A wounded Iraq War Veteran and his family are settling into a brand new home in Round Rock thanks to the non-profit Helping a Hero.
The timing of this gift couldn't be any better just five days before Christmas.
"Oh my gosh. It's beautiful," said Army SFC Scott Lathan seconds after walking into his home.
"Military guys and women don't expect this for what we do and to think there are people this generous. We're just doing our jobs and this is the best Christmas gift ever," said Lathan.
He and his wife Sarah received keys from their favorite baseball player Roger Clemens.
"These guys are our heroes, our real heroes," said Clemens. "We've said it many times, freedom isn't free,"
Clemens serves on the Advisory Board for Helping a Hero. It's a non-profit supporting soldiers injured in the War on Terror. So far, the non-profit has helped heroes get into 64 homes. In 2014, the organization will dedicate 40 bringing the total to more than 100 in 22 states.
"Scott and Sarah are very unique. He served 20 years in the military and has a Bronze Star and four Army Commendation medals and a Purple Heart and they have become an awesome mentoring couple to others," said Meredith Iler, the chairman of Helping a Hero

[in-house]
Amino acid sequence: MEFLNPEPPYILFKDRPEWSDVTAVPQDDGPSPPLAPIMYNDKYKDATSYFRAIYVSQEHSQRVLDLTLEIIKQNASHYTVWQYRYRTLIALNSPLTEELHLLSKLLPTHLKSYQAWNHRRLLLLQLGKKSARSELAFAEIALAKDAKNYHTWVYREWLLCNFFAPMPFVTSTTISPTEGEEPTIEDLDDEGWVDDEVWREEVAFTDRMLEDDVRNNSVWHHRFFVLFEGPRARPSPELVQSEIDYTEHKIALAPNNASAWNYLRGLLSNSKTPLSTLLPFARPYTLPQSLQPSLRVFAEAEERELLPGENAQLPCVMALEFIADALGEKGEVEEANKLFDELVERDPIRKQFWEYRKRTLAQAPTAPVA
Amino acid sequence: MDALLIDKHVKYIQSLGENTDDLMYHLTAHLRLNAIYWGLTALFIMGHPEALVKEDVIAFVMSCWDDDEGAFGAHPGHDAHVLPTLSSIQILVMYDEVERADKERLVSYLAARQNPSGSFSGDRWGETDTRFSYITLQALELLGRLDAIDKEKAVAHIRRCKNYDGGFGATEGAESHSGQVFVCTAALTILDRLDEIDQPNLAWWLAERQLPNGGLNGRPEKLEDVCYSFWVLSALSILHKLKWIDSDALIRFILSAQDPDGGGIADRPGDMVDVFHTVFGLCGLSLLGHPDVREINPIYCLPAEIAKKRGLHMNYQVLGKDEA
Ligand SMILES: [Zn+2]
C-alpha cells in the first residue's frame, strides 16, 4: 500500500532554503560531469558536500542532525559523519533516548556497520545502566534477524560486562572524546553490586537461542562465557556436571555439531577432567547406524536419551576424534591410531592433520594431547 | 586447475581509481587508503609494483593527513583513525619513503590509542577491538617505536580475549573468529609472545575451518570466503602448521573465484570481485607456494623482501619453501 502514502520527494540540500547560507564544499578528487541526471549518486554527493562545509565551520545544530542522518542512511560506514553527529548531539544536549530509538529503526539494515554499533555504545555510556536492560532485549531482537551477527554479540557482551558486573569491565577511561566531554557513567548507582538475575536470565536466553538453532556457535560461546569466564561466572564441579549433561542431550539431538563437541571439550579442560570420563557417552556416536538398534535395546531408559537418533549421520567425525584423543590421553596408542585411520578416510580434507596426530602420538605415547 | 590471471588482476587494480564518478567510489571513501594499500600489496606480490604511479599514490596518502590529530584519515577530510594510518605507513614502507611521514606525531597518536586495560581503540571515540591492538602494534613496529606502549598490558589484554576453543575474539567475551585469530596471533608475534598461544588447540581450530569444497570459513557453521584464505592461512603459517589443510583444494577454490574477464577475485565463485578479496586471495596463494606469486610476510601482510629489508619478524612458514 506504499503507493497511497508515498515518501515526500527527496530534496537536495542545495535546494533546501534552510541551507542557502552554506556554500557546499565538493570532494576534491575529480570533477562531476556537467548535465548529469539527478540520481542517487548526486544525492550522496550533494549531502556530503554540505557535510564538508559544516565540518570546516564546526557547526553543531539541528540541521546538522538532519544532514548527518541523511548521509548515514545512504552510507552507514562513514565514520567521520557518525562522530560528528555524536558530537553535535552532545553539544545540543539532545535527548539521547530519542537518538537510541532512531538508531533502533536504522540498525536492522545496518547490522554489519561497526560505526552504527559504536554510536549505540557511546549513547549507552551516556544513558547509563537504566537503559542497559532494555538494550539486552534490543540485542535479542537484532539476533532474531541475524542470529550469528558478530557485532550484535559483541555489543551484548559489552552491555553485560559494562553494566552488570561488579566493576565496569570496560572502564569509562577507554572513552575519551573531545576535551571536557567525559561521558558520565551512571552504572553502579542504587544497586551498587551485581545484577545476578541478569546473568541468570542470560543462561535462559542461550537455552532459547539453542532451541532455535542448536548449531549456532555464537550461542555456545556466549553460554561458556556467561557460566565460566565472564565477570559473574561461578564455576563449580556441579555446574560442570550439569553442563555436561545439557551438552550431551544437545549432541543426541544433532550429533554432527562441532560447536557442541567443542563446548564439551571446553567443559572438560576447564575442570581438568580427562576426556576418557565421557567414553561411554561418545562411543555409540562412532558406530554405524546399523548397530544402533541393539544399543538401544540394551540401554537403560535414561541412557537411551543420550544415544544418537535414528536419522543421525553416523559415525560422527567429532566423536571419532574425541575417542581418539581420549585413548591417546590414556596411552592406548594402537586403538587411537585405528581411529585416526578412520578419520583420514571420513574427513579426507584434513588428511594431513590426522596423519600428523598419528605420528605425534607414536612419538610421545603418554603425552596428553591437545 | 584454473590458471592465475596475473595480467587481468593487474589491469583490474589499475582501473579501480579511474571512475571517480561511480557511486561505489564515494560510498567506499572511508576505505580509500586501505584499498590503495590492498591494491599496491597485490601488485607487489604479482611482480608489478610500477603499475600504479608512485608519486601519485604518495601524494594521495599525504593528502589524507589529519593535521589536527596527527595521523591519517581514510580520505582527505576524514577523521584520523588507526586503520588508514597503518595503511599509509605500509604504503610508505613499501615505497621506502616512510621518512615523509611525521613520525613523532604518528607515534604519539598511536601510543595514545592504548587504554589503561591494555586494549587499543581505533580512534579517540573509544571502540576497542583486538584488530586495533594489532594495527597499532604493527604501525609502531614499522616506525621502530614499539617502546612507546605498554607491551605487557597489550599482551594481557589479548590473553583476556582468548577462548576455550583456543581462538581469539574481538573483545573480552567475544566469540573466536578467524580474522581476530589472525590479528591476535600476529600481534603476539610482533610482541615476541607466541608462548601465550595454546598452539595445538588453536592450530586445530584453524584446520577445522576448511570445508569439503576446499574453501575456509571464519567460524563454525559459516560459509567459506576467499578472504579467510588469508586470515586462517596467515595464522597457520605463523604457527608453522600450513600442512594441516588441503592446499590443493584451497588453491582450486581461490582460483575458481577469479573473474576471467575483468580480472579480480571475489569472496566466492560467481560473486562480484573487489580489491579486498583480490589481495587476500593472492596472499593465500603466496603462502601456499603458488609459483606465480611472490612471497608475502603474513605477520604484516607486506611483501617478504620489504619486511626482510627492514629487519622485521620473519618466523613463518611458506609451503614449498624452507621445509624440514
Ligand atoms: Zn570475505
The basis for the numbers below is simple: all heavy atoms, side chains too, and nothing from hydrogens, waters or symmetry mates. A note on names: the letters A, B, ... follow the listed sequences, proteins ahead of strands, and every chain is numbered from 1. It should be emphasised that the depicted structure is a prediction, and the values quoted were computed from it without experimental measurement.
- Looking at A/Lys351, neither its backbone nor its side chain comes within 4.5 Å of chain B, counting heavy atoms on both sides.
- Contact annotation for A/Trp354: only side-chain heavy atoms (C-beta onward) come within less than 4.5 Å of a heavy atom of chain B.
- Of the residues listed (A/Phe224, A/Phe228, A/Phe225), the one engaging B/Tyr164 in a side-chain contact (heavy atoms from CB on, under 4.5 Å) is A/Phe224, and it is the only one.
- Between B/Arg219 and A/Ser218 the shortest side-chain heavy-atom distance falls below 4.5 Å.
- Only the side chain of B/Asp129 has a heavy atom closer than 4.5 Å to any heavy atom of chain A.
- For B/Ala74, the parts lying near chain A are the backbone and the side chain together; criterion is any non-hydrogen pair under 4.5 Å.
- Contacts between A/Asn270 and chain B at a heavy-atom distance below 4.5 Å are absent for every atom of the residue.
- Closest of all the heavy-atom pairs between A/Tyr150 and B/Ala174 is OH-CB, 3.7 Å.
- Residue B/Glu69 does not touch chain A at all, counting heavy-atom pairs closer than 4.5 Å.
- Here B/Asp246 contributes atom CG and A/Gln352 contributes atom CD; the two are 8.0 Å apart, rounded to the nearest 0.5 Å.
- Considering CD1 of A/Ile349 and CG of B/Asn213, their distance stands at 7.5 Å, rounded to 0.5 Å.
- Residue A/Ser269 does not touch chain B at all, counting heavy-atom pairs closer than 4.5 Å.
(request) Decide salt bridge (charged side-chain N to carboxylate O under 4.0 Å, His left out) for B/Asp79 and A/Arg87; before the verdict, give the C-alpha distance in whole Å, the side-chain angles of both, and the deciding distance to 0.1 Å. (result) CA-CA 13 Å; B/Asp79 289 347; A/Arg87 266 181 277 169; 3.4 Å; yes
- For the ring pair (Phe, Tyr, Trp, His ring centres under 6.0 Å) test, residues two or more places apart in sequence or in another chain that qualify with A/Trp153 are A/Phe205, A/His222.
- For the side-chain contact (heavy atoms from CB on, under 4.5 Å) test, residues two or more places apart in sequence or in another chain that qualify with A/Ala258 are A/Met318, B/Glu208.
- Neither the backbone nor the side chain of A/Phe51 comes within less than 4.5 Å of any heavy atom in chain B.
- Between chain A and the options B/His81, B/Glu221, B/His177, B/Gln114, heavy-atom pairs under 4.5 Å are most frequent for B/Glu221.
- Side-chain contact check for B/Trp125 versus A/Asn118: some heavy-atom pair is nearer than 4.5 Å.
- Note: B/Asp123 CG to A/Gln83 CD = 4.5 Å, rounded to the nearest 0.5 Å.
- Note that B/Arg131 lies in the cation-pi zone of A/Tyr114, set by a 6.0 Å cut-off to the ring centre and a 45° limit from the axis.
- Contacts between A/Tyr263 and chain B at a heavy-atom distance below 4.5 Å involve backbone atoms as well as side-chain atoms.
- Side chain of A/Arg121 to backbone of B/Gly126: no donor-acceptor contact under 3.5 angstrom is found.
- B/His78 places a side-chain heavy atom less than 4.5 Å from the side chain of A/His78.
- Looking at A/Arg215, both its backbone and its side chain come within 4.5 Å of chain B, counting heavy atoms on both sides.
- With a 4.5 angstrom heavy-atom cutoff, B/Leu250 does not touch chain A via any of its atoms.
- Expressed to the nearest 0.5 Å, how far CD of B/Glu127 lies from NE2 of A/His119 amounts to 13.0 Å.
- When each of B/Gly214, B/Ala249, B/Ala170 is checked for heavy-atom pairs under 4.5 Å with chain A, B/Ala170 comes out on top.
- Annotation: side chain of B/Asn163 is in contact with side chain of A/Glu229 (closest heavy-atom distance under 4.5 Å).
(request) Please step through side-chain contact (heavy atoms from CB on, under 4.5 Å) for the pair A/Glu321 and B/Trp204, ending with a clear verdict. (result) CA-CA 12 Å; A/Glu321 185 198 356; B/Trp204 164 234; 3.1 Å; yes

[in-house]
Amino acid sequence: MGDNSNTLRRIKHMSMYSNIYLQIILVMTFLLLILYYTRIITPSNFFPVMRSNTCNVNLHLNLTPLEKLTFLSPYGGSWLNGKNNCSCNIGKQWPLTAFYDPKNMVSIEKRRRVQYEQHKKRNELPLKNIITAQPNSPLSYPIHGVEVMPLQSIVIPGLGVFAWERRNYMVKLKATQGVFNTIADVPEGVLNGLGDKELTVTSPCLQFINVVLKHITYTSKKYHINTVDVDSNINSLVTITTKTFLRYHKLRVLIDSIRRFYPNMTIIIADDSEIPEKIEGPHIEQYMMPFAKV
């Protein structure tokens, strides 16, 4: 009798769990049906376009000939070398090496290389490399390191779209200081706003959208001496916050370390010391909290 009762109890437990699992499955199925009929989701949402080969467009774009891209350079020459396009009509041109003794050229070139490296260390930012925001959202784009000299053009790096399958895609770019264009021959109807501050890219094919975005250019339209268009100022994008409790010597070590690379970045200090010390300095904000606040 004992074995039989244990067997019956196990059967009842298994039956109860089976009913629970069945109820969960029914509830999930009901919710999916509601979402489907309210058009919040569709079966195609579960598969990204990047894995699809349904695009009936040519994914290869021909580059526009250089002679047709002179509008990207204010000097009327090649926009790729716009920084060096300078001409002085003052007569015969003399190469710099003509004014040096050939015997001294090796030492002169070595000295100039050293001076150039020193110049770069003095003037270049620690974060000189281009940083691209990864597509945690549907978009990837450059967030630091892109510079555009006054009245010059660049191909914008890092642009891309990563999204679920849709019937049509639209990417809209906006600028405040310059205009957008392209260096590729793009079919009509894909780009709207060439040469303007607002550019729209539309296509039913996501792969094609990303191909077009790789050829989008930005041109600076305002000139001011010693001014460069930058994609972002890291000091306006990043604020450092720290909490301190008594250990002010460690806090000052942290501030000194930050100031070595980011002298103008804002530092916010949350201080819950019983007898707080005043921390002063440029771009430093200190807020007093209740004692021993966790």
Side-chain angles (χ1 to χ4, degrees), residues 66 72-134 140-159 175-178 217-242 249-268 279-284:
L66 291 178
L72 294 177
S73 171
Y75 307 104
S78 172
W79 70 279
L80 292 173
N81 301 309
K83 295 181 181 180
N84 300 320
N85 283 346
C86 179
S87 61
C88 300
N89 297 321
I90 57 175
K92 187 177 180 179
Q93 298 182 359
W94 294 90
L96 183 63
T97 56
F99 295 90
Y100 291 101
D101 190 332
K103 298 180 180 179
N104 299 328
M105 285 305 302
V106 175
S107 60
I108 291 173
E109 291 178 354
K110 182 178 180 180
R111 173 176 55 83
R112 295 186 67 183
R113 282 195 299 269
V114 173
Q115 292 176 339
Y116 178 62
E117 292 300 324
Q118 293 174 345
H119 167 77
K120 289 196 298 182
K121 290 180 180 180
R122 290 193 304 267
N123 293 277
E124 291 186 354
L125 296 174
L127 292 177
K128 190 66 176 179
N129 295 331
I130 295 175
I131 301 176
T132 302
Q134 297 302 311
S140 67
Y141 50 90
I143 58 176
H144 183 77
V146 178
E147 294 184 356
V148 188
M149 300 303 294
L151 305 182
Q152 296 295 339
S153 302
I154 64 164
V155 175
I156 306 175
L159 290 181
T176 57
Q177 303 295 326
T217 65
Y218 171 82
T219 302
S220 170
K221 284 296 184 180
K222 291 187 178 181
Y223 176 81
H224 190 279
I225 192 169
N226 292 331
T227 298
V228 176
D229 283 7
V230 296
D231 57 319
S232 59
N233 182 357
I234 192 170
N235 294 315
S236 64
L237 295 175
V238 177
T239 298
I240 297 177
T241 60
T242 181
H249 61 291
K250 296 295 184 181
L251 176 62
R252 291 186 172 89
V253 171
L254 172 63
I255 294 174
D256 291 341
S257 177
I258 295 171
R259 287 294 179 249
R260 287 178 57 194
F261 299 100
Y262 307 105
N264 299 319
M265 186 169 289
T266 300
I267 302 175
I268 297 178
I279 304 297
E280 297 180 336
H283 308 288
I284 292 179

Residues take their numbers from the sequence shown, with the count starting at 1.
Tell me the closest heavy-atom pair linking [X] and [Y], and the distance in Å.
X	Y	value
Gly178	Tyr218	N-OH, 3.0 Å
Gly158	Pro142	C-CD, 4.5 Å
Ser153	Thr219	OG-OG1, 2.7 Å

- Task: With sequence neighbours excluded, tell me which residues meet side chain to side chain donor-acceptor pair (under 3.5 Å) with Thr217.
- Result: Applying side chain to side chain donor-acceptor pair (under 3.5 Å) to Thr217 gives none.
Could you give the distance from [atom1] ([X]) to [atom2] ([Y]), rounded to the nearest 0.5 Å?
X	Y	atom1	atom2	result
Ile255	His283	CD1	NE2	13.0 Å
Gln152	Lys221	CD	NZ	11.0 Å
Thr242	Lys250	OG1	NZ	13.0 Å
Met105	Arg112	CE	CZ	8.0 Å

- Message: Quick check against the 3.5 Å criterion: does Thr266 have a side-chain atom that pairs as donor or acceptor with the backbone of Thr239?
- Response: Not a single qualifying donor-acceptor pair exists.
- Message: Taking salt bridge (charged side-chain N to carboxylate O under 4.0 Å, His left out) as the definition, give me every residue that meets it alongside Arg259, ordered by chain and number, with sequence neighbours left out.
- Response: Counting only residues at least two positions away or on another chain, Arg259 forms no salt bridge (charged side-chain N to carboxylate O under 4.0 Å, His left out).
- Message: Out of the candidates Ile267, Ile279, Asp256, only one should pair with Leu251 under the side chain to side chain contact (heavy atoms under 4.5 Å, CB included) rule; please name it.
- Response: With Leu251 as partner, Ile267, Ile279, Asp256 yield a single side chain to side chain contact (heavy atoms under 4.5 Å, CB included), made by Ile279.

Lathan's injuries are both physical and invisible. In 2006, he was injured in Iraq when his humvee hit an IED. He's had multiple knee surgeries.
He's been treated for severe PTSD along with a brain injury. On top of those medical bills, his wife Sarah has lupus.
"There's a lot of worries sometimes and to know we have this home waiting for us it has taken a lot of press off of us," said Lathan.
"Now we can be grounded. We've got stability and this is where we are going to grow old," said his wife, Sarah.
To build the house the non-profit teamed up wtih Standard Pacific Homes. Austin Division President John Bohnen is an Army veteran himself.
"As a former Army officer to be able to reconnect with a lot of brothers is important and special and it's rewarding to reconnect with these guys," said Bohnen.
The Lathan's received a hero's welcome from the community and plan to pay it forward. The decorated war veteran is forever grateful knowing he and his family are finally home.
"As long as I'm able to be here with my family that's all that matters to me whether I'm hurt or not," said Lathan.